The Mind of a Thief

Reviewed by
Anna Maria Dell’oso

The Mind of a Thief by Patti Miller
A return to Patti Miller’s childhood home in country New South Wales sparks this investigation of place, identity and dispossession. Part reflection, part local history and part analysis of the bitter ironies that abound in contemporary Aboriginal politics, Miller’s book quietly poses a loaded and complex question: what does it mean to be native to Australia today?

Miller follows many lines of enquiry: from her possible blood connection to the Aboriginal side of town, to the colonial European and Irish squatters of her other ancestors, to the missionary journals of the 1830s, and to reflections on her bittersweet relationships to the land and people of Wellington. But it is how these enquiries then branch out into the area’s Native Title fights that lead to the book’s surprising outcomes. This is a muted, thoughtful journey of identity.

Available from University of Queensland Press, AU$29.95 – click to view.
Read the full review on Newtown Review of Books – click here

Court & Camera

Reviewed by
Richard Offen

Court & Camera by J. O’Brien & P. Statham-Drew
There have been few books in recent years charting the history of pre-gold rush Perth. This omission is now rectified with Court & Camera, a biography of pioneer Alfred Hawes Stone. Alfred set sail from England for Western Australia in 1829 in search of a new life. Towards the end of an illustrious legal career he took up photography as a hobby. Using some of the stunning photos he took between 1859 and 1869, and excerpts from Alfred’s 1850-52 diary, we are offered a fascinating insight into life in Perth during the first few decades after settlement. Complete with an explanation of the processes involved in early photography, this beautifully written and illustrated book is a must for anyone interested in how Perth began to grow from an encampment on a beach to the city we know today.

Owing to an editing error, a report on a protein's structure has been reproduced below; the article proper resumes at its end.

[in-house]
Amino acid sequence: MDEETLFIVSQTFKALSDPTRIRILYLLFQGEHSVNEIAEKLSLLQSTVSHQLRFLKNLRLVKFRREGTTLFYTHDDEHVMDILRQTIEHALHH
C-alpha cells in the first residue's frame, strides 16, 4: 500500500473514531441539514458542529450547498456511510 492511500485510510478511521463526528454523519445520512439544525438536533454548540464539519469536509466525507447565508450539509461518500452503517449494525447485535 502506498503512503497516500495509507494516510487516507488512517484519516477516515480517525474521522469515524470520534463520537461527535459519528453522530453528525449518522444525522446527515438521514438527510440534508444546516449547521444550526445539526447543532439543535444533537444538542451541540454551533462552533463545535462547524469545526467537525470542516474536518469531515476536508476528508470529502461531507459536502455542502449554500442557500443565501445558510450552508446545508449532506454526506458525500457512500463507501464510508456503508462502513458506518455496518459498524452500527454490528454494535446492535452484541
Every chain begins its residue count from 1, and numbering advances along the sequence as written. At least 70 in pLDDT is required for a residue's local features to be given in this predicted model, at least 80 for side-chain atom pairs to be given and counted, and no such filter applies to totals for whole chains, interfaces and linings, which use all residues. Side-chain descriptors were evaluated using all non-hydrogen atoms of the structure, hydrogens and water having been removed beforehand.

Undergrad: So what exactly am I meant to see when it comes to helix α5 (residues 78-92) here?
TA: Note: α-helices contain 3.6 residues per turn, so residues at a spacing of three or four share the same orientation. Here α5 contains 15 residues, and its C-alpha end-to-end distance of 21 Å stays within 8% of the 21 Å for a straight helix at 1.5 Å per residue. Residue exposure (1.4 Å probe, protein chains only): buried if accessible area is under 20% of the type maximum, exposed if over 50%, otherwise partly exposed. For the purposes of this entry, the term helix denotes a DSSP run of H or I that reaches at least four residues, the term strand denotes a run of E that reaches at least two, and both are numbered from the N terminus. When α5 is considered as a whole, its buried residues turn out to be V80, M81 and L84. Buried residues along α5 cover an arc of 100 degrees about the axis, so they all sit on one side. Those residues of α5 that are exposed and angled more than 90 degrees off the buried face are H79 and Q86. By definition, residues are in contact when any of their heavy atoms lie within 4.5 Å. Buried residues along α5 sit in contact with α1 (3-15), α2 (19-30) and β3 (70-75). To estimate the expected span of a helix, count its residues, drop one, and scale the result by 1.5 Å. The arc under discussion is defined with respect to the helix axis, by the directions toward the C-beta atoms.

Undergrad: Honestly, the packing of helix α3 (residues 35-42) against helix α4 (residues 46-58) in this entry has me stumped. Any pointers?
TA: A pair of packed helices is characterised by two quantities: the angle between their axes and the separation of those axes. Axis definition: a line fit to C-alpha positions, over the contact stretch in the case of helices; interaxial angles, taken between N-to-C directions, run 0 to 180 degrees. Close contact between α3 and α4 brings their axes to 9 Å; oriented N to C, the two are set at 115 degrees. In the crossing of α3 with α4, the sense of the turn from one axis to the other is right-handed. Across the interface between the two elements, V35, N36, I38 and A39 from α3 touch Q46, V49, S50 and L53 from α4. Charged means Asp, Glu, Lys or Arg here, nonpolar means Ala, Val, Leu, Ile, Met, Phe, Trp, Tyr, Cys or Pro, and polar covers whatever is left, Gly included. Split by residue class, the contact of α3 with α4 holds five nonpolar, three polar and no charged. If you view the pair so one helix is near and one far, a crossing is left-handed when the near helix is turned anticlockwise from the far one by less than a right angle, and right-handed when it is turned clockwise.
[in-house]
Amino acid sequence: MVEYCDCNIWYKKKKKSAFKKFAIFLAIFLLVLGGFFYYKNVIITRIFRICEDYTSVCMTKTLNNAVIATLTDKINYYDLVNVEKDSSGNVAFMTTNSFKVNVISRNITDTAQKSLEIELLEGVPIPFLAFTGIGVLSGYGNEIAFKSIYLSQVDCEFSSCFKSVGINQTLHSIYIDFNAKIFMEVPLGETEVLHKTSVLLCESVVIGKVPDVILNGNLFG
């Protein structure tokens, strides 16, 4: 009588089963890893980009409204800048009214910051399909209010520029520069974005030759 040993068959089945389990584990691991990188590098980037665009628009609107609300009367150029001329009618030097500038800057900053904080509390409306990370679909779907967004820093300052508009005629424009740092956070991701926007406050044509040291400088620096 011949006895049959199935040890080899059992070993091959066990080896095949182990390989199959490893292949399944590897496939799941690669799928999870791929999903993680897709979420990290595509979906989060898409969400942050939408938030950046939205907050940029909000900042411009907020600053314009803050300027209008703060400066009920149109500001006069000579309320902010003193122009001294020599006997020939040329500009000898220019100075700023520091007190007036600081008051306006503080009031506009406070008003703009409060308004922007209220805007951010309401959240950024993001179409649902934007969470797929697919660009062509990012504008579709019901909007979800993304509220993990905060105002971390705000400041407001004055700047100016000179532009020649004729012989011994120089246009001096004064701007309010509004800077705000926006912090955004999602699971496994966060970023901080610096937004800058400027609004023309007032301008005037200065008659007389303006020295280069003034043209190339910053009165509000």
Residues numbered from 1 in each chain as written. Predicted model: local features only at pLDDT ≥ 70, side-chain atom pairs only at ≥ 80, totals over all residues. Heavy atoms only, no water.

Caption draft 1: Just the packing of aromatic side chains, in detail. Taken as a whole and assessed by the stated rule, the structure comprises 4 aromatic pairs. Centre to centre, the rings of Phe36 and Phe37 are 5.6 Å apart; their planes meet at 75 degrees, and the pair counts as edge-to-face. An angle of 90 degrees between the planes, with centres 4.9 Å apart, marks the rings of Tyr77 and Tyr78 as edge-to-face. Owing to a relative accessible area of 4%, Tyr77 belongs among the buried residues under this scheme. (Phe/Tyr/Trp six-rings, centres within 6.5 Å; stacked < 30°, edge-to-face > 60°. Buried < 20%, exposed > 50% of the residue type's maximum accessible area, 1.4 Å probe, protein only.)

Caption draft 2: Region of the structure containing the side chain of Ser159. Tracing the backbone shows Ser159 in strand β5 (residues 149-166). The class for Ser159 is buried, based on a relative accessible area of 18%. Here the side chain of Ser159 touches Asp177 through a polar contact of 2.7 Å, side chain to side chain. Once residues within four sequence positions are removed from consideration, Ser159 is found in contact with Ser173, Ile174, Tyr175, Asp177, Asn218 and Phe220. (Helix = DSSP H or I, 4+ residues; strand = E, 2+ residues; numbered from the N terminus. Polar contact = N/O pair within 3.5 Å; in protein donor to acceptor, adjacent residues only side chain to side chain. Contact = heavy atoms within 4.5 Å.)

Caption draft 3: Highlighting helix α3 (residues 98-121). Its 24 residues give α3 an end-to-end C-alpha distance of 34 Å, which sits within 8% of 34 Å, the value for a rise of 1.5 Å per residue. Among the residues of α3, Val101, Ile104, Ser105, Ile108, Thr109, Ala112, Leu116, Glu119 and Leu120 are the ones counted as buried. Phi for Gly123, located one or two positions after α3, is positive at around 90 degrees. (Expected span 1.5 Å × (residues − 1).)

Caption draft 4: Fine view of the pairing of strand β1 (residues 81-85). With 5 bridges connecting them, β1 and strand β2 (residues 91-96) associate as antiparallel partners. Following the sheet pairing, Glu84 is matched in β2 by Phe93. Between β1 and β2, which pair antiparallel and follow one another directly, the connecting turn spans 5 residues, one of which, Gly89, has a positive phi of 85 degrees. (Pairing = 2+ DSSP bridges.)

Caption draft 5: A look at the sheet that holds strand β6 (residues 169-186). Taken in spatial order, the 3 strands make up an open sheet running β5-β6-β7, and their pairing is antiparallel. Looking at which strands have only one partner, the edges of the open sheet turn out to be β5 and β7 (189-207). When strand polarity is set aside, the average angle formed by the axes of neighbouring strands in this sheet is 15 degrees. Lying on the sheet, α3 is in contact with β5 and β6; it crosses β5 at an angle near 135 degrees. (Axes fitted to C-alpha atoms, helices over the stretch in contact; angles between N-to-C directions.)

Available from Fremantle Press for AU$49.99 – click to view.